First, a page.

period started from experimental film and that was the case with other
cinematography in all ex communist countries as well. Thanks to that,
Slovenia today has a tradition of
experimental film, which is usually called an amateur film. This great success
of the rich tradition of video art and experimental film in Slovenia today
links many contemporary Slovenian filmmakers to a short film, which is healthy way to make a potential and not too expensive masterpiece.


the 'official' production, financed by the Film Center in Slovenia there are a
number of independent young authors and I will mention just a few authors in
this article, of course there are many more to come. For instance, Martin Turk,
one of the jurists of Ljubljana Film Festival 2009 is a film director from
Ljubljana Film Academy
who opted only for a short film and has received several international awards at
Cannes, Los
Angeles, Sydney, Aspen, Stockholm etc by
now. His latest film Stvari, ki jih nisva nikoli
naredila (Things We Never Done Together) achieved to the Sarajevo Film Festival.


Contemporary Subversive Slovenian Film

Can nowadays-contemporary
Slovenian film authors be subversive? The times are different. There are no strict
and edgy communist rules and censorships like in 70s. Everything is free (and nothing is free) and
apparently available. I would mention another Slovenian modern film director,
not known to a great public. Vlada Škafar is a self-taught filmmaker and by the
opinion of Jurij Meden from Slovenian Film Archive, for some time most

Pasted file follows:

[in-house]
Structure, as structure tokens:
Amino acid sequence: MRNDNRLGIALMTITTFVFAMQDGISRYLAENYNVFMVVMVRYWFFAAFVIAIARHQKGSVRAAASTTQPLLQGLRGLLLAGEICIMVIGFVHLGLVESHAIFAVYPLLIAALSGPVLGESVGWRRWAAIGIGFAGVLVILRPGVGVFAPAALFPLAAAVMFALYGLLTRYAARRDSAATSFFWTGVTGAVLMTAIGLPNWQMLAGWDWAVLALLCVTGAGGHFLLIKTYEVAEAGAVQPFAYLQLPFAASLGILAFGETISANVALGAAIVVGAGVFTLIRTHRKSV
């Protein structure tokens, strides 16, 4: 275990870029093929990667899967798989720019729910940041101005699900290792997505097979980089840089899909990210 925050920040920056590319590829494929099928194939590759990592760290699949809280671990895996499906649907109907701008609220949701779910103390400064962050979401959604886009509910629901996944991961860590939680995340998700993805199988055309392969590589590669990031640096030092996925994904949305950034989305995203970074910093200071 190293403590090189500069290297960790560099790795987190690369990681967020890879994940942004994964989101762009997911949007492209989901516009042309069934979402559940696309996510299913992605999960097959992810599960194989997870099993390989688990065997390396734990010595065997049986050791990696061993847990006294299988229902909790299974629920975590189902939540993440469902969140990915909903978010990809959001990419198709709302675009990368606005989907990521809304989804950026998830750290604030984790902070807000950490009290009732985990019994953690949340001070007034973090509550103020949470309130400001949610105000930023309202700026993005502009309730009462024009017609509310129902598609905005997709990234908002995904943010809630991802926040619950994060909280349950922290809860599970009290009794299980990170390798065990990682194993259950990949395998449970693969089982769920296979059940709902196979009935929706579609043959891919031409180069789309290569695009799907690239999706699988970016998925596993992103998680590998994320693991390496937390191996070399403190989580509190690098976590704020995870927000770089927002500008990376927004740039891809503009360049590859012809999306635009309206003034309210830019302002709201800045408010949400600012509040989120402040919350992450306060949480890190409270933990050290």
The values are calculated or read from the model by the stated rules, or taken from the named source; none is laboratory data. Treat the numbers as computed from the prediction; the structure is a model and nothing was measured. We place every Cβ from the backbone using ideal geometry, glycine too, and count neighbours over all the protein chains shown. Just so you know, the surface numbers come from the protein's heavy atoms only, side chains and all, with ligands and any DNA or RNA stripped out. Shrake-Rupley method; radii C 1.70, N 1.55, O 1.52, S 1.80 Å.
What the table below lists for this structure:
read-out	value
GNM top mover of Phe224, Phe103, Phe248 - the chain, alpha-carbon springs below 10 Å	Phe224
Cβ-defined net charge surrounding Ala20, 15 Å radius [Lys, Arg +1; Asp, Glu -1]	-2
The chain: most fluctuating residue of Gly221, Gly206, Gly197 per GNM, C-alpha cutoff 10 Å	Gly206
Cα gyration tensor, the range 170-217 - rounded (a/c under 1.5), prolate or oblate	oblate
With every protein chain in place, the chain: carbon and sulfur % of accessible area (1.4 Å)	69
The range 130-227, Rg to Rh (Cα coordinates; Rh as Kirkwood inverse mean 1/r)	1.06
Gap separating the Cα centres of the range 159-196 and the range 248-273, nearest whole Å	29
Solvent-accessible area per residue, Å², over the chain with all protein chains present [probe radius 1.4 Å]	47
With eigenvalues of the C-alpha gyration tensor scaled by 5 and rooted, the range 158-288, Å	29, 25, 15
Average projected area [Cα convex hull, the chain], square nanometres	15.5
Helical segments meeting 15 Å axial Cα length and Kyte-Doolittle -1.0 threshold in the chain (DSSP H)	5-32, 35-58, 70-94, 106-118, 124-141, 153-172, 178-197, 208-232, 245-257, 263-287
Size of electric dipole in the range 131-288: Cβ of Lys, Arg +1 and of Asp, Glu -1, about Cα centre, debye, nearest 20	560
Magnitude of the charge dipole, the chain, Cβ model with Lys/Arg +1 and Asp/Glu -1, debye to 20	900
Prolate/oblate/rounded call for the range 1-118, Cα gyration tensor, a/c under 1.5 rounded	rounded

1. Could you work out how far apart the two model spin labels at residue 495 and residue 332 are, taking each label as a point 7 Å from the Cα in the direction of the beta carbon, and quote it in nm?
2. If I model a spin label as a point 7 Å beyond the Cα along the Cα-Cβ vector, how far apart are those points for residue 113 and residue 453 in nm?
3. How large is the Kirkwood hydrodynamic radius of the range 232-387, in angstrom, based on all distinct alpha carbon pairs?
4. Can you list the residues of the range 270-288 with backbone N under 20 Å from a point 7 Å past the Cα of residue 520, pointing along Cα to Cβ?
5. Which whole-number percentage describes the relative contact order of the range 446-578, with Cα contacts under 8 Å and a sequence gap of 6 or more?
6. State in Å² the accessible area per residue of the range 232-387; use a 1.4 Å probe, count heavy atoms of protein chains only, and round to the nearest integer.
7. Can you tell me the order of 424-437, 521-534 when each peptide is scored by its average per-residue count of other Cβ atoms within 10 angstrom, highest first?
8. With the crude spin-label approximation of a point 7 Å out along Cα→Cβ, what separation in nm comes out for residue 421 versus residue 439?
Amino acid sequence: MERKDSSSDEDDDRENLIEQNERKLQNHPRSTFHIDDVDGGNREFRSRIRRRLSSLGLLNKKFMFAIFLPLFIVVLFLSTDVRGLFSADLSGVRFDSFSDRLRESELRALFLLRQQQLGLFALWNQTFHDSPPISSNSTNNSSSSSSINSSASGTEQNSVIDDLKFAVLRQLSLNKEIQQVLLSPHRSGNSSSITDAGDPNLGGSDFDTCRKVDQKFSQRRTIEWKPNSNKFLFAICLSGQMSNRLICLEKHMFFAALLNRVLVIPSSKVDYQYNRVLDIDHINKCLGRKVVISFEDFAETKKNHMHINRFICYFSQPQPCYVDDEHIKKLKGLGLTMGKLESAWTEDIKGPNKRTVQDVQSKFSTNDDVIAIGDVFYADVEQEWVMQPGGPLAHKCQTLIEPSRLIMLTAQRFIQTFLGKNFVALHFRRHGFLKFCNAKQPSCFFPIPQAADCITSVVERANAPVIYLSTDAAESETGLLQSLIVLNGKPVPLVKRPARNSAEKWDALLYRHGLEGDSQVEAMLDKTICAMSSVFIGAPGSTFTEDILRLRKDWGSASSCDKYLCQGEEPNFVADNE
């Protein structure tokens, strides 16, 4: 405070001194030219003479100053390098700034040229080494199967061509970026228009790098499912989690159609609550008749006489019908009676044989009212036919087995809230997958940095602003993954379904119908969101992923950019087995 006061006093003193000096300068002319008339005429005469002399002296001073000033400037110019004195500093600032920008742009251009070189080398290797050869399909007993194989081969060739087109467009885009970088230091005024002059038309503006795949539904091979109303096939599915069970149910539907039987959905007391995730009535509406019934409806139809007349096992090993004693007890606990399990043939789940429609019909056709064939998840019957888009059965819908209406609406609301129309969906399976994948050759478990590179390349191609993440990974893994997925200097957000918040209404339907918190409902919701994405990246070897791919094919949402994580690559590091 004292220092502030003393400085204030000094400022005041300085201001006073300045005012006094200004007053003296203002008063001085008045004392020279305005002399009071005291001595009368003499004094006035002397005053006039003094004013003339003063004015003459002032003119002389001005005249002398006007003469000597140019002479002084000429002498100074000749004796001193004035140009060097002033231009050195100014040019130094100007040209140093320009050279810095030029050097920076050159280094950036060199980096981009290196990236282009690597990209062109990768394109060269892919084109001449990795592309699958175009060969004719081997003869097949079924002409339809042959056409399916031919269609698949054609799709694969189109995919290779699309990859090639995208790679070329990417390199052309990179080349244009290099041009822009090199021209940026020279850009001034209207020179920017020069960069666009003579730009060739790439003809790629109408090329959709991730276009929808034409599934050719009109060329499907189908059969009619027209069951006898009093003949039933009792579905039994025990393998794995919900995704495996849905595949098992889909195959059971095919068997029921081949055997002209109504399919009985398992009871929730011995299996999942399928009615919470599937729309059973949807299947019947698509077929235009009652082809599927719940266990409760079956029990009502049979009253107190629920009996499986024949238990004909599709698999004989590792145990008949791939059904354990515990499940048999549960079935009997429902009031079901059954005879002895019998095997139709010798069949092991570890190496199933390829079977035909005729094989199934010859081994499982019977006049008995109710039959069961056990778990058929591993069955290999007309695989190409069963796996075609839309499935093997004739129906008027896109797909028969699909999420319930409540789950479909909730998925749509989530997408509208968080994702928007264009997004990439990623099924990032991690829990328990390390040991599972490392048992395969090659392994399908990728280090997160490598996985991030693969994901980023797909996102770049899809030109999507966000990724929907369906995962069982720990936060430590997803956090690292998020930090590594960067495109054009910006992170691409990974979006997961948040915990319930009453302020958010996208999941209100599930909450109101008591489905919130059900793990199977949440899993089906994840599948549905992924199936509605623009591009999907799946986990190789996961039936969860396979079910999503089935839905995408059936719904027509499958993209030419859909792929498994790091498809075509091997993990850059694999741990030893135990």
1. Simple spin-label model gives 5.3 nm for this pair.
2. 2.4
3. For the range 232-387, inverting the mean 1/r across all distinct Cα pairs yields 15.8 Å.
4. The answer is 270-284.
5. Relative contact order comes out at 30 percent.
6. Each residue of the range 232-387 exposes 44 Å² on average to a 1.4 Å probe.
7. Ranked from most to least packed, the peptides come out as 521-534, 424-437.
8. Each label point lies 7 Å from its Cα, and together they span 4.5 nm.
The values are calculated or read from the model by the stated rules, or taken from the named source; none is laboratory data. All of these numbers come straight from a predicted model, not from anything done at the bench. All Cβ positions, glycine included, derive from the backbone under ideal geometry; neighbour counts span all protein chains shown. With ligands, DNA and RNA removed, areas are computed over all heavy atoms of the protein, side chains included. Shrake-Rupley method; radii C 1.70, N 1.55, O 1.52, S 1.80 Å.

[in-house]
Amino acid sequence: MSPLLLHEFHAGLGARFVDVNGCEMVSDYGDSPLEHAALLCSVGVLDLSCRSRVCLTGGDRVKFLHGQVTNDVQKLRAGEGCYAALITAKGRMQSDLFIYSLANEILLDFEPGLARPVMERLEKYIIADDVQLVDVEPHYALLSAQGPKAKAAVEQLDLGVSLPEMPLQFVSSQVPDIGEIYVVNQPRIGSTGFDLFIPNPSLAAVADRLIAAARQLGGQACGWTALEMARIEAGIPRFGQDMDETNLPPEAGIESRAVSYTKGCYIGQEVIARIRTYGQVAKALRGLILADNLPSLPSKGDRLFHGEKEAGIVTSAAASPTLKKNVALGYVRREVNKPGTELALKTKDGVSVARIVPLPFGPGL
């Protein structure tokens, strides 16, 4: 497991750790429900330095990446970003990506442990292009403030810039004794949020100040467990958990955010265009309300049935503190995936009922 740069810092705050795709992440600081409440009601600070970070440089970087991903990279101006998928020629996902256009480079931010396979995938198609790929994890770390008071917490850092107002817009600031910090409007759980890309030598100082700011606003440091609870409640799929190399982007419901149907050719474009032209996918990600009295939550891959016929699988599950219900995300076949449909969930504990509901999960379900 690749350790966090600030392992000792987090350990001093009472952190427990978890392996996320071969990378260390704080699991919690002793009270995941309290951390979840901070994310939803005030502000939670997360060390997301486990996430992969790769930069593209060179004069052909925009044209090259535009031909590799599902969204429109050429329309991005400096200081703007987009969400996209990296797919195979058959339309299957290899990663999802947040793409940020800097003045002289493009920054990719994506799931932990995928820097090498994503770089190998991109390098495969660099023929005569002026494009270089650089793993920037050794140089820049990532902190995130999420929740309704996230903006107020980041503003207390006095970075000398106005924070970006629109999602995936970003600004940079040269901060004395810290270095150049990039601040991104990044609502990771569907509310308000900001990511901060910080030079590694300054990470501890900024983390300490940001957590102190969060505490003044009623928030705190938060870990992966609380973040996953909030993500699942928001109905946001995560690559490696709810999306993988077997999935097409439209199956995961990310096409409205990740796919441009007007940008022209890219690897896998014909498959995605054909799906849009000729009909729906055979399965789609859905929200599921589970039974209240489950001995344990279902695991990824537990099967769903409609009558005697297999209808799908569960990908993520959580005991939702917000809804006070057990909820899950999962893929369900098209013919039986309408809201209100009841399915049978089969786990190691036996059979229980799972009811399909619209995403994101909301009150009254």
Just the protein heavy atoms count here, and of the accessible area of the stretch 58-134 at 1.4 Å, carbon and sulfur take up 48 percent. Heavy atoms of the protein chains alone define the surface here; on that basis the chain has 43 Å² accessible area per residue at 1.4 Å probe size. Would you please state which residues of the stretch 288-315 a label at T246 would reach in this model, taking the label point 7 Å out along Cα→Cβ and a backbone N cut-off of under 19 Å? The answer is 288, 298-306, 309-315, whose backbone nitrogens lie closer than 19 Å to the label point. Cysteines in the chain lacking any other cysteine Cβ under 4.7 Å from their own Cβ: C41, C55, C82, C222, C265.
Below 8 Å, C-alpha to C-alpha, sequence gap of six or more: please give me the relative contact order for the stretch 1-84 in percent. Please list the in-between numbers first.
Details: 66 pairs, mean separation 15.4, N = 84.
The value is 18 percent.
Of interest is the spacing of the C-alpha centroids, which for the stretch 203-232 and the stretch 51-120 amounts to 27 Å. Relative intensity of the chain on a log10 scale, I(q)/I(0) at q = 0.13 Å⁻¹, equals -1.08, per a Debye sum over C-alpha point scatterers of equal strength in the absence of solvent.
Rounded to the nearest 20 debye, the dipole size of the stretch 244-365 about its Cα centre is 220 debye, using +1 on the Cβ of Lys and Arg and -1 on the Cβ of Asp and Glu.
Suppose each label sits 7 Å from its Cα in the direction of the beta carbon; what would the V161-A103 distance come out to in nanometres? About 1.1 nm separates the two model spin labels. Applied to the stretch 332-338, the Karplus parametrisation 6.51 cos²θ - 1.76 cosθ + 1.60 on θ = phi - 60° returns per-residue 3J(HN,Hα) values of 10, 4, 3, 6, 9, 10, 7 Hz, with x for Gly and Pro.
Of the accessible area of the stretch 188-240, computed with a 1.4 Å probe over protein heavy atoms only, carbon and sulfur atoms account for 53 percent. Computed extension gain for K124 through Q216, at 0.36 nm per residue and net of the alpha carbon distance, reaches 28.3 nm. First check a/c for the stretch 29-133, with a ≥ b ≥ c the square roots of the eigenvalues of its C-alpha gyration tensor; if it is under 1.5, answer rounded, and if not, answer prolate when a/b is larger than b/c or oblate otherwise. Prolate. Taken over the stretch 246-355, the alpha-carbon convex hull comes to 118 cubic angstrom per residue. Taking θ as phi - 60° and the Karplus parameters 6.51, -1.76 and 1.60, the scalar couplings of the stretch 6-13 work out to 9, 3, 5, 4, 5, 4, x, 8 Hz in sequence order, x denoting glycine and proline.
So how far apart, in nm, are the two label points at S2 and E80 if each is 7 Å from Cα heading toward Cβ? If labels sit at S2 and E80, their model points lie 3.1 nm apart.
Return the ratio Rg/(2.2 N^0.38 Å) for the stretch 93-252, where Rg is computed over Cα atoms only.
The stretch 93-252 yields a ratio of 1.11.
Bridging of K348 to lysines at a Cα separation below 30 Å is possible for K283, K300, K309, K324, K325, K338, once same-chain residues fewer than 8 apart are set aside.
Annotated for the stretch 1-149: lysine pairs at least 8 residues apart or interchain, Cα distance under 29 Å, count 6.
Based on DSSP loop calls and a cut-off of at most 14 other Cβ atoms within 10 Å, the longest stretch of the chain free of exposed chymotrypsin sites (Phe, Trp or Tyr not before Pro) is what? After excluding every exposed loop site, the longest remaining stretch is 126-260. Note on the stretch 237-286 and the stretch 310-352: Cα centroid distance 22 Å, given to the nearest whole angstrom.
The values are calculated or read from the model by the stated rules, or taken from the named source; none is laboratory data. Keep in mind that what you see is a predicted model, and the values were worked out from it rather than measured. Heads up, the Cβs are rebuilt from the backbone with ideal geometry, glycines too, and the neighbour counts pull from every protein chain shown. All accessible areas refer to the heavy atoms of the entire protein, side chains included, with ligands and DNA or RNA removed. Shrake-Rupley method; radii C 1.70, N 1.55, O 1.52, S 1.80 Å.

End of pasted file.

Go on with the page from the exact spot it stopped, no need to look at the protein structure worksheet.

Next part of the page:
interesting and most innovating Slovenian film director who actually worked in
Slovenian Film Archive as programmer in 90s. Vlada Škafar was also one of the
first directors of another interesting Slovenian film festival-Kino Otok Izola.
He would be a contemporary author; whose films are the same kind of poetic
tenderness once celebrated
with Matjaž Klopčič in old Slovenia from a period of ex Yugoslavia. He is subversive in particular in
relation to the dominant system of film and his personal understanding of art:
if the poetry-means a spiritual work that sense
beauty as barely durable beginning of terrible (Rilke) – in present day, the
understanding of beauty as something pleasant is subversive,” Škafar explained. His previous film
(Father) made room for
the following works, which are in postproduction right now, Deklica in drevo
(A Girl and a Tree)and the film called Mama (Mother).

Intuition and film


When it
comes to Slovenian cinema I would of course mention Jan Cvitkovič, the most sucessful Slovenian director
by now. In waiting for
revival of small and independent cinema, intuition and feeling is very important
for filmmakers. It is hard to talk about the possibility of re-rebirth of cinema
in such time of great insecurity, because there is so little factor in the
process of "rebirth" that is too involved: a complete private creative
enthusiasm appropriate solution to finance films will not be possible to predict
with certainty. Slovenia
became a full member of European co-production fund Euroimages 2001 that same
year when Jan
Cvitkovič for the film
Kruh i mliko (Milk and Bread)won the Golden Lion in Venice. However, speaking
of intuition
Cvitkovič is as Škafar, a
self-taught film director and an archaeologist by profession who relies on his
own feeling and intuition. Although it is Kruh i mliko (Milk and Bread)
that made him an important prize, lately his films are different. A new film by
Cvitkovič Arheo (Archeo) is a love story that talks about
the need for security, passion and love," and it is his new experimentation with


More about this film, you can read in
another article The Men Who Fell to Earth.